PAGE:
Why won’t Canada bring Abdelrazik home?

By PAT WATSON

Why won’t the Canadian government allow Sudan-born Canadian citizen, Abousfian Abdelrazik, to return to his home and family in Montreal?

Abdelrazik, who came to Canada in 1990 as a refugee from Sudan, was due to board a flight out of Khartoum to Abu Dhabi last Friday on the first leg of his flight back to Canada. But, for the fourth time, at least, his effort as well as that of all those who support him was thwarted by the Canadian government’s refusal to issue the father of three a temporary passport or similar legal travel documents.

Abdelrazik, 46, was first detained in Sudan in 2003 on suspicion of being a terrorist when he traveled from Montreal to Khartoum in order to visit his ailing mother. Since that time he had been picked up by the authorities there, detained and interrogated a number of times. He claims that he has also been tortured.

Why was he targeted for interrogation? Reports are that the Sudanese authorities detained Abdelrazik, who is a machinist, at the request of the Canadian government, and that he was identified by American intelligence authorities torture victim and alleged al-Qaeda member, Abu Zubaydah, as being involved in terrorist activities. Abdelrazik has denied this.

Given the torture memo documentation recently revealed by the Obama administration, any reasonable person would have to question the credibility of the information being tortured out of Abu Zubaydah.

What terrorist connection could there be then? Abdelrazik has admitted knowing Ahmed Ressam, the so-called ‘millennium bomber’, but only to the extent that they attended the same mosque. Moreover, RCMP and the Canadian Security Intelligence Service (CSIS) investigations found no evidence that Abdelrazik is a terrorist.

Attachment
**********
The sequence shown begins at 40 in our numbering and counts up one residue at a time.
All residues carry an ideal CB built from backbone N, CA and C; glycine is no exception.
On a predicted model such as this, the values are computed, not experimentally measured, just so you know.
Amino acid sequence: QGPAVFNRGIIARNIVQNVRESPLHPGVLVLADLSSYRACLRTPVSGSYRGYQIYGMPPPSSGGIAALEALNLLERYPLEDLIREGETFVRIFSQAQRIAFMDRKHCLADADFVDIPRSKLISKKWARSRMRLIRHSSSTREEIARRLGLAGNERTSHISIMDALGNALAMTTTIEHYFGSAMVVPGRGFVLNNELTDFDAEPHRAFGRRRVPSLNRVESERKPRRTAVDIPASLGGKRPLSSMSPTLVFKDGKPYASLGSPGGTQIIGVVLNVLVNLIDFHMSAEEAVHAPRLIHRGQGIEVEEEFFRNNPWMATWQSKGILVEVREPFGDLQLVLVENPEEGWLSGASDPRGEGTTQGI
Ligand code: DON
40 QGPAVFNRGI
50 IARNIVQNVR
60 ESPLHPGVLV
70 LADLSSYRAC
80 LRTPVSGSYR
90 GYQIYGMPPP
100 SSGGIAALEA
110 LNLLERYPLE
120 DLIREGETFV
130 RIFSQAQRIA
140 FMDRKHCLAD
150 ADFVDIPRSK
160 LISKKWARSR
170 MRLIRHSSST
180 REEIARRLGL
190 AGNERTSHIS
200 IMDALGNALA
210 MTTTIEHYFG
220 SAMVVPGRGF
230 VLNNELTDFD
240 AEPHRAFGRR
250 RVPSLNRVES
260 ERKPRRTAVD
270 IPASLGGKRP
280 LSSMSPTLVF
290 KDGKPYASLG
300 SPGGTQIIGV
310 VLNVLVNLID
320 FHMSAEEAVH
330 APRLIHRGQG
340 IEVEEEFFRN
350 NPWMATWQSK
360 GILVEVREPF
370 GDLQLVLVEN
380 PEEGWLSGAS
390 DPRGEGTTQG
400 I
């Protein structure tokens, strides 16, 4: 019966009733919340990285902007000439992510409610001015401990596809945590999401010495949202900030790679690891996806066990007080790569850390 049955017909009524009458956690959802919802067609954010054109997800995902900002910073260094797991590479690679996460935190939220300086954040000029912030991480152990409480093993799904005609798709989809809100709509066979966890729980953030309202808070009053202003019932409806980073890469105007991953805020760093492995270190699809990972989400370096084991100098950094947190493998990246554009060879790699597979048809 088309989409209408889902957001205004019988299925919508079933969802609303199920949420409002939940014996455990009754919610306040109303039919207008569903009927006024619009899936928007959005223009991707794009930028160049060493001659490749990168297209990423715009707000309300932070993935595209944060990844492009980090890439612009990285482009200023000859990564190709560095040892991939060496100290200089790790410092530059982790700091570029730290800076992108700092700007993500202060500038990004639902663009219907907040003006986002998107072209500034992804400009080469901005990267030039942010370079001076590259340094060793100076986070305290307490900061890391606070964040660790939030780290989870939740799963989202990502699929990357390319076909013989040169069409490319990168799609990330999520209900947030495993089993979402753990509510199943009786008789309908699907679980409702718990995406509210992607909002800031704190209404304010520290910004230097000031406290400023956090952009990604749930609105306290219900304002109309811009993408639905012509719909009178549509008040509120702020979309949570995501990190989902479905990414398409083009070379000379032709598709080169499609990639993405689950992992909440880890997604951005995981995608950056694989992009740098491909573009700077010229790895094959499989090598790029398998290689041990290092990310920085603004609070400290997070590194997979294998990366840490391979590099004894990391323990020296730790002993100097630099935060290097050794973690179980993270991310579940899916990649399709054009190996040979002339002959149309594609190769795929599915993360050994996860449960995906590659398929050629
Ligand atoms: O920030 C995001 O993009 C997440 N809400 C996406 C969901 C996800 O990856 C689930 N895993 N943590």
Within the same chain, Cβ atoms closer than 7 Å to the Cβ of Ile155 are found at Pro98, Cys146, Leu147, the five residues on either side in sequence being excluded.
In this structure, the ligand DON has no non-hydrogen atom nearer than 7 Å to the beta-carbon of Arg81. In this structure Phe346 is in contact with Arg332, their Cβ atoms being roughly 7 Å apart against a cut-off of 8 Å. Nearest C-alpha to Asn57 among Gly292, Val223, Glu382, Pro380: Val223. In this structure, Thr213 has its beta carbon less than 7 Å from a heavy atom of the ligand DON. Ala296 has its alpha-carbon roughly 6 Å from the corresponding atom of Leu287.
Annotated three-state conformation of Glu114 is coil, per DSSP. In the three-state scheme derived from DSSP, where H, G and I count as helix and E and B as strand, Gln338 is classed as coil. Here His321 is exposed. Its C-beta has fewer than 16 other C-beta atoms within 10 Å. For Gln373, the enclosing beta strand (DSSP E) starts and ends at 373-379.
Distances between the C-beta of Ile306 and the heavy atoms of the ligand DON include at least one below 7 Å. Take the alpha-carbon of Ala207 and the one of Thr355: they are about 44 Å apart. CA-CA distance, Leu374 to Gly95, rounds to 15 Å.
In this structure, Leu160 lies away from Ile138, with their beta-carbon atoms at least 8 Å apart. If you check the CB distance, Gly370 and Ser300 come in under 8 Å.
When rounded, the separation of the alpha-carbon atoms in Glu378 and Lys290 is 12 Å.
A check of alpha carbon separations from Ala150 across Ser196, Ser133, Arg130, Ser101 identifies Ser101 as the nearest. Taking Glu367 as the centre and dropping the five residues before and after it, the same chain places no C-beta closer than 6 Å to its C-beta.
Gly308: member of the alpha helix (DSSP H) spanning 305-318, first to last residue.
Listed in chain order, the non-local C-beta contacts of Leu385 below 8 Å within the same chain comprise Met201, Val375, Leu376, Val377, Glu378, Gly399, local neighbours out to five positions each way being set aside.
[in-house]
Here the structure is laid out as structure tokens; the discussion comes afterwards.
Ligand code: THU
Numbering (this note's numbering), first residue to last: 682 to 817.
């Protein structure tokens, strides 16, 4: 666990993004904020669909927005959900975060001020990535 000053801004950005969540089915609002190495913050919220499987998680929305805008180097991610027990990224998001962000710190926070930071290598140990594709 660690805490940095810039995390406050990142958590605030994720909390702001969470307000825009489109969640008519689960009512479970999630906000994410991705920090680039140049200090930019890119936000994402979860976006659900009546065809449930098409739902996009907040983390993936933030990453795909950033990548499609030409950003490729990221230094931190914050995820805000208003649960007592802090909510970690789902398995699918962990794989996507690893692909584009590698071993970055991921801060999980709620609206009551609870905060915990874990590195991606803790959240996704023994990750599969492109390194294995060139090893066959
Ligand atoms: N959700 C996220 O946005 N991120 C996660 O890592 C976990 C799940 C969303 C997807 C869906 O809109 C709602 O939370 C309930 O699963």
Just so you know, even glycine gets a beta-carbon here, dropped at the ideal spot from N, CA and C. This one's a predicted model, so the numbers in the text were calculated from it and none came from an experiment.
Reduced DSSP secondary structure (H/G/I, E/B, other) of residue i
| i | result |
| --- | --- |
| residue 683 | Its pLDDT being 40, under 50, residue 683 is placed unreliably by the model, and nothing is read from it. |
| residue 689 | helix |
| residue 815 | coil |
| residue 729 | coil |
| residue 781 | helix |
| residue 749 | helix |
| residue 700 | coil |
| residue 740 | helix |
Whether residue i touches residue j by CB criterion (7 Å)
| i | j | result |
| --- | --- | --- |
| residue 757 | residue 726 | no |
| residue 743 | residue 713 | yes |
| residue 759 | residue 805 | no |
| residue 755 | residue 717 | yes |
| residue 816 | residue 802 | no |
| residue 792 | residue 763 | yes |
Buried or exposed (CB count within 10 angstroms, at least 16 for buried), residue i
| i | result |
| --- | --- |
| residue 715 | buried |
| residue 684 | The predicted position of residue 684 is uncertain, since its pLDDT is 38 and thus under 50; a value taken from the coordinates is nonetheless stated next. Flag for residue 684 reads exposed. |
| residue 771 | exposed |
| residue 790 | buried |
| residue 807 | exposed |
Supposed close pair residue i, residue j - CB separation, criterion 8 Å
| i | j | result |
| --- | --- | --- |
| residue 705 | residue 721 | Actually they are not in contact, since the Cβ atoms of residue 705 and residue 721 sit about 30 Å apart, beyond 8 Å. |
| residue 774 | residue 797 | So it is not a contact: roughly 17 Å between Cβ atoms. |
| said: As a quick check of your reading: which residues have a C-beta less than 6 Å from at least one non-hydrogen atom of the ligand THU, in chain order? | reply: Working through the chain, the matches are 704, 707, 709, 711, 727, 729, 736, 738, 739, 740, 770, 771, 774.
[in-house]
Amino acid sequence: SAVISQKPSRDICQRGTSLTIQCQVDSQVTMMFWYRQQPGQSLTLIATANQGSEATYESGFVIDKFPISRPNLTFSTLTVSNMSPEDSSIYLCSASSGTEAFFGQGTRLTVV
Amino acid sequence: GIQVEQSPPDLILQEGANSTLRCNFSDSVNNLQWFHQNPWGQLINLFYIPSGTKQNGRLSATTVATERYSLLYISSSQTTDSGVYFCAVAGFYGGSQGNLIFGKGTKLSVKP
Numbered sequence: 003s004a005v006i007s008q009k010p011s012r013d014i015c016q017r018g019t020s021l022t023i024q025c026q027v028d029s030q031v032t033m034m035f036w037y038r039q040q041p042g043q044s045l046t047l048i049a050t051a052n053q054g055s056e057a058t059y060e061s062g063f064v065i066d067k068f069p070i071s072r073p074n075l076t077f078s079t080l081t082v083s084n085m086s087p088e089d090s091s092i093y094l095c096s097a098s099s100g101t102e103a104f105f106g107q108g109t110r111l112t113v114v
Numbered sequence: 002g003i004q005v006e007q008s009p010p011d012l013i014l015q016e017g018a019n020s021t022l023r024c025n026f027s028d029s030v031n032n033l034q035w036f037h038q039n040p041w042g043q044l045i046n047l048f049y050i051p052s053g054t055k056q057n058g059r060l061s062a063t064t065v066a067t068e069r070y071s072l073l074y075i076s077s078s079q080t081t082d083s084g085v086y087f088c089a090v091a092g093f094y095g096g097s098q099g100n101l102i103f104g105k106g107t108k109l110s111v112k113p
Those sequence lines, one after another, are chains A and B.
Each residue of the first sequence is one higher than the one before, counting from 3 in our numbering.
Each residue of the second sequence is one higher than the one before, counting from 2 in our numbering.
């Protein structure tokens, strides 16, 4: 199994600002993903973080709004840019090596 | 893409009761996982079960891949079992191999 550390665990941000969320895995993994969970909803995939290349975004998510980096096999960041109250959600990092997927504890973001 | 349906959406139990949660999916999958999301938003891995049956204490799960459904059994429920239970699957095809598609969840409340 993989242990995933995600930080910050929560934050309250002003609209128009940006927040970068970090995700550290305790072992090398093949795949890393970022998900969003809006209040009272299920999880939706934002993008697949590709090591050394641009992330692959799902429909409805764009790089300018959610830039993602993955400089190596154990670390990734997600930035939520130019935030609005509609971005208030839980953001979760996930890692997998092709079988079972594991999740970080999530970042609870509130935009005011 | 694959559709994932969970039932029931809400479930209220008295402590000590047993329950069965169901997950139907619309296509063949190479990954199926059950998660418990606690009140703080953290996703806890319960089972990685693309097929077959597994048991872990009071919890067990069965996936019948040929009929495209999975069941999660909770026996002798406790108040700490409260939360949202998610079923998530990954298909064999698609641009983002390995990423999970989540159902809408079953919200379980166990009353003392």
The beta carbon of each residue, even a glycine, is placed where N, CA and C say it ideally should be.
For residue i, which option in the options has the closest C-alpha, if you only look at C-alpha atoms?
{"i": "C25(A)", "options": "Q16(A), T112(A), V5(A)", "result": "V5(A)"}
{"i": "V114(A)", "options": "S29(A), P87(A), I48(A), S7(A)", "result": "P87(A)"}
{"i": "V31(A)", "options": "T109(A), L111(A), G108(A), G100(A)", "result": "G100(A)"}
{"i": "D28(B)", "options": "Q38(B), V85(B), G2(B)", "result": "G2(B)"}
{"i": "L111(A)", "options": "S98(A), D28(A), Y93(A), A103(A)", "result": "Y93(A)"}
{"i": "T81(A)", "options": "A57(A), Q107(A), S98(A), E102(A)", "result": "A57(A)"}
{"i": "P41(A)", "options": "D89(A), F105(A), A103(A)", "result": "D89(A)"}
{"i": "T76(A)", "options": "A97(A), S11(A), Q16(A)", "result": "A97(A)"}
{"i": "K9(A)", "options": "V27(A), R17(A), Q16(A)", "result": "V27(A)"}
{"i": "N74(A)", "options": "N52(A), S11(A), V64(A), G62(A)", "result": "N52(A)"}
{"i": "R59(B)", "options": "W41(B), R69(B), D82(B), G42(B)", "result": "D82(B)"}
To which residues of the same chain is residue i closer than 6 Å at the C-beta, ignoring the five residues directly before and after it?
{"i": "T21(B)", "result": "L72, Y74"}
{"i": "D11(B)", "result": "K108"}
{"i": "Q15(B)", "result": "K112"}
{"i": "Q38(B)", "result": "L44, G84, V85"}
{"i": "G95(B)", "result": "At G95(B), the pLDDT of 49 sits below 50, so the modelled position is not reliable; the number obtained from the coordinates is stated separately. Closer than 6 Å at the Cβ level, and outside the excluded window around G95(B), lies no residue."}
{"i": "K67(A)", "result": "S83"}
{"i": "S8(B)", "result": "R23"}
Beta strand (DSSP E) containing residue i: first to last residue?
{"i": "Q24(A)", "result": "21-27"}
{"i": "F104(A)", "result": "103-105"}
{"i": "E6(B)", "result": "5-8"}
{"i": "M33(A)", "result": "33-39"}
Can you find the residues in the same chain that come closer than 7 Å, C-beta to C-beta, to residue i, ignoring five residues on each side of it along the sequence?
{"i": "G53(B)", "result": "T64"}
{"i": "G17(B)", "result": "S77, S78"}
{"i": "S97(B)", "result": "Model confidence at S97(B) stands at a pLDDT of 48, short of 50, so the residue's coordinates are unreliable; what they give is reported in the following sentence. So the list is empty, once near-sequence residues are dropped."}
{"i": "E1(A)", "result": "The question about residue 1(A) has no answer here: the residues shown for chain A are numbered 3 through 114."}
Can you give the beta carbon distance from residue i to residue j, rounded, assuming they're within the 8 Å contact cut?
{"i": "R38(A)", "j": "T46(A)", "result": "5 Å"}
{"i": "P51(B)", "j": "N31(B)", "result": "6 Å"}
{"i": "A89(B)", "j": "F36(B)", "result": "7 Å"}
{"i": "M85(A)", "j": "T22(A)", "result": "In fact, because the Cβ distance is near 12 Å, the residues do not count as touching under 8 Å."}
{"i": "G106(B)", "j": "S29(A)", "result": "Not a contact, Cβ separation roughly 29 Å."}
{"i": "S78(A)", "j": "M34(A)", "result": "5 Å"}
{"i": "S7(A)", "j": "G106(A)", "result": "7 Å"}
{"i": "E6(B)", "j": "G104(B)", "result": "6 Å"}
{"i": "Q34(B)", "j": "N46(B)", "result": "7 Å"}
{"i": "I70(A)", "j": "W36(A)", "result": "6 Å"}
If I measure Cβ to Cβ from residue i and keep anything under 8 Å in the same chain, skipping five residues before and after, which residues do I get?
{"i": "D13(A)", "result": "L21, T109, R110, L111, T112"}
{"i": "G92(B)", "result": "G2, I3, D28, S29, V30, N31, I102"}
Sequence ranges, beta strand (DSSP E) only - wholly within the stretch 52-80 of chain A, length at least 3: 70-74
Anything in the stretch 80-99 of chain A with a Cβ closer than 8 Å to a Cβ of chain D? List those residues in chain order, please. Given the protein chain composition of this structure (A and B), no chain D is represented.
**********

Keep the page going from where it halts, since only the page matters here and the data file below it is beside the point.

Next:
Yet, he is still on the United Nations’ no-fly list. This, ostensibly, is the reason he has spent the past year stranded inside the Canadian Embassy in Khartoum and six years in Sudan, having been denied a Canadian passport needed in order to leave.

The Canadian government did in 2008 apply to have Abdelrazik’s name removed from the UN no-fly list. The action was essentially due process since the petition was initiated by Abdelrazik in the fall of 2007. However, the objection of at least one member of the 15-member UN committee meant the request was denied.

Nevertheless, despite the strict prohibitions laid out to prevent the international travel or transportation of persons on the no-fly list, avenues exist for individuals like Abdelrazik to allow nationals to return to their home country; avenues which the Canadian government has so far declined to use. The Harper government has also cited issues of “national security” as the reason for not giving him a Canadian passport.

Now the government is weighing whether to appeal the June 4 ruling by the Federal Court to bring Abdelrazik home within 30 days, given his Charter right to re-enter his “country of citizenship by choice”.

So why all the foot-dragging on the part of the Harper government on this case? This column has argued before regarding the Abdelrazik case that the fact of his country of origin – being born outside Canada – not to mention that he is a Muslim and ‘non-White’ all seem to weigh heavily again him in the eyes of this government; for it has done its part before to bring home Canadian-born White Canadians struck in foreign jails. Are there really two levels of Canadian citizenship?

Or is it the case, as some have speculated, that the Harper government rejects the RCMP and CSIS findings?

We like to think that we believe in the principle of innocent until proven guilty, but it seems that does not play out strongly in reality. For if the reason the Harper government isn’t moving to bring Abdelrazik home is because they believe he is involved in terrorist activities, then the least they should be doing is to bring him back to Canada in order to give him a fair trail and get at the truth. Instead, they have him sitting in limbo. This action brings shame on Canada and, more specifically, shame on this government.

Prime Minister Harper, who had been a strong supporter of the Bush administration, has said this week that his government is not going to take in any detainees previously held in America’s Guantanamo Bay prison. So we can get some sense of his position now regarding any issue that relates to terrorists, or suspected terrorists, even those, like Abdelrazik, against whom no charge has ever been laid.

On a questioning note…

We may wonder to what extent the West’s stake in maintaining a steady supply of oil from countries in the Middle East is tied to the civil unrest in Iran, a matter in which we are immediately taking such great interest.

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